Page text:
In a new study published August 31 in Proceedings of the National Academy of Sciences, researchers claim to have discovered a new type of prion – the first one after 50 years. Their work strengthens the idea that degenerative diseases are caused by prions.
Prions are misfolded proteins that multiply themselves by causing other proteins to misfold. It is this form of replication that leads to disease that is similar to viral infection. However, a protein as an infectious agent stands in contrast to all other known infectious agents, like viruses, bacteria, fungi, or parasites—all of which contain nucleic acids (either DNA, RNA, or both). Therefore prions are not considered living organisms – but that doesn’t mean they’re not scary.
Prions are actually extremely scary – they are basically untreatable and generally fatal. While the incubation period for prion diseases is relatively long (5 to 20 years), once symptoms appear the disease progresses rapidly, leading to brain damage and death. However, in recent years, some hope has emerged. Antiprion antibodies capable of crossing the blood-brain-barrier and targeting cytosolic prion protein (an otherwise major obstacle in prion therapeutics) have been described and in the last decade, some progress dealing with ultra-high-pressure inactivation of prion infectivity in processed meat has been reported. In 2011 it was discovered that prions could be degraded by lichens – though no lichen treatment has yet emerged.
It wasn’t until 1982, that Stanley Prusiner coined the term prion (for “proteinaceous infectious particle”) to describe the self-propagating protein responsible. Prusiner and his team showed that prions can cause a myriad of diseases and conditions, and suspicion emerged that many degenerative diseases are caused by prions. In 2013 a team in Prusiner’s lab, including neuroscientist Kurt Giles, were trying to transmit Parkinson’s disease to mice genetically engineered to produce a human protein involved in Parkinson’s. Ironically, they failed – but in the process, they found the process works mice with MSA (Multiple system atrophy – a progressive neurological disorder).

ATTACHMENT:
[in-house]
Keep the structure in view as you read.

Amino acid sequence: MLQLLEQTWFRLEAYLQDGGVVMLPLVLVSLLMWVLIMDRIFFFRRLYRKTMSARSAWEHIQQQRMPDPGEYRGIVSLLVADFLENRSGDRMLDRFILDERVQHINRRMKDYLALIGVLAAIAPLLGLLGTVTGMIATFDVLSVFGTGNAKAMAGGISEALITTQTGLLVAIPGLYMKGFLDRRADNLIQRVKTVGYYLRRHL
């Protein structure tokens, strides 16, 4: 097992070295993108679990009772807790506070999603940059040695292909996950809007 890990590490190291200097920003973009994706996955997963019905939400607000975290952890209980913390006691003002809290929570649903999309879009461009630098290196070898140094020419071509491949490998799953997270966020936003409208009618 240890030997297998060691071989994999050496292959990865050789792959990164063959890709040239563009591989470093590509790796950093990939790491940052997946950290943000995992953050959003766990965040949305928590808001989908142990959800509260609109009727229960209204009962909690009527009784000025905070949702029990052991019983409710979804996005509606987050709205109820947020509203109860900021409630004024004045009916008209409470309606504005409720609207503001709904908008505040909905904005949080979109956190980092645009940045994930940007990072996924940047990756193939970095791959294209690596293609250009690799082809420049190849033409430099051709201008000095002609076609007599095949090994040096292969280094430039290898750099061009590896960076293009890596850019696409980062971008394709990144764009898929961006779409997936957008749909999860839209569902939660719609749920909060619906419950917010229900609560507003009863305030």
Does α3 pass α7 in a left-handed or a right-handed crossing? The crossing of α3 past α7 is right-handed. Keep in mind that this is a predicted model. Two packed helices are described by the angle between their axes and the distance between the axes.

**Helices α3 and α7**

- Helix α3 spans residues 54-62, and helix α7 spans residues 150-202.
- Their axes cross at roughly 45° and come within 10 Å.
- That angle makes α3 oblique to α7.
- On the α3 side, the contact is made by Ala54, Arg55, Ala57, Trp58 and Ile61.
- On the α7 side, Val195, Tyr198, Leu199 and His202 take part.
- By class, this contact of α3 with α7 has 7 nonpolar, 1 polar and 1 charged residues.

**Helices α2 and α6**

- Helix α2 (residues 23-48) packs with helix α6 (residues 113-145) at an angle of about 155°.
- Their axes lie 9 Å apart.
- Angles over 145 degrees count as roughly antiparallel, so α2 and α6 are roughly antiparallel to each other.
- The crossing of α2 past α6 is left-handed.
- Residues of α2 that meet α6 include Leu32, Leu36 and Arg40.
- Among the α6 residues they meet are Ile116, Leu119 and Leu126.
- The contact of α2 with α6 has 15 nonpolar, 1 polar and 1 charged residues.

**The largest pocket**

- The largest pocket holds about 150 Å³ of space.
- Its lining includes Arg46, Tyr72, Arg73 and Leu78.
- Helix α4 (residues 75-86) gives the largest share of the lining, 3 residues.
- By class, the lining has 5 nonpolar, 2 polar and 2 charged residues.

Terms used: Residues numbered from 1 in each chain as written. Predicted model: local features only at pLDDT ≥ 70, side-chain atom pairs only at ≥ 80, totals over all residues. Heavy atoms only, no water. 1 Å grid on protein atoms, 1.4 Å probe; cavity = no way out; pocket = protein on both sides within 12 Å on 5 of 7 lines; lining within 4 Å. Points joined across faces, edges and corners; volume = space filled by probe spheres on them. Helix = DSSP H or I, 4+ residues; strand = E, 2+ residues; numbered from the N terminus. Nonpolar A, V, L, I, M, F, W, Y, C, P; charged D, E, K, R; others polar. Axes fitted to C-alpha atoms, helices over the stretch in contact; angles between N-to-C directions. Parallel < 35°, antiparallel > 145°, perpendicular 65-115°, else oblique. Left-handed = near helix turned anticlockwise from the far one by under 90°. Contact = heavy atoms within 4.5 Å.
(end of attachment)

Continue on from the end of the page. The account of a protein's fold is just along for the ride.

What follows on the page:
“The controls were the ones that worked,” Giles says. “So we got lots more samples.” For the new study, the team obtained 12 more MSA samples from three brain banks in London, Boston and Sydney.
Presumably, whatever makes MSA happen also makes proteins more likely to misfold, and this might apply for several types of prions. Some prions took longer to develop than others:
“The time it took to get disease when we used the spontaneously sick animals was very different,” Giles says. “That’s clear evidence these are two different strains of prion.” The fact that Parkinson’s didn’t transmit suggests that if alpha-synuclein prions are involved in Parkinson’s, they are a different strain again to those causing MSA.
Much evidence now supports the idea that many neurodegenerative diseases share this core mechanism of self-propagating proteins that accumulate and ultimately kill cells, so it makes sense to suspect that prions lie at the bottom of things, but this also leads to another challenge: define when proteins actually become prions.
“I think Prusiner’s concept is valid—it’s just important to be a bit careful about what you call a prion,” says Lary Walker, a neuroscientist at Emory University who was not involved with the study. “All these other diseases arise spontaneously within the brain; there’s no evidence they’re infectious by any standard definition of the word.”
Either way, the fact that they manage to discover a new type of prion (50 years from the discovery of the next one) is remarkable – and who knows, maybe one day, we’ll find that this is the missing puzzle piece from understanding degenerative diseases.
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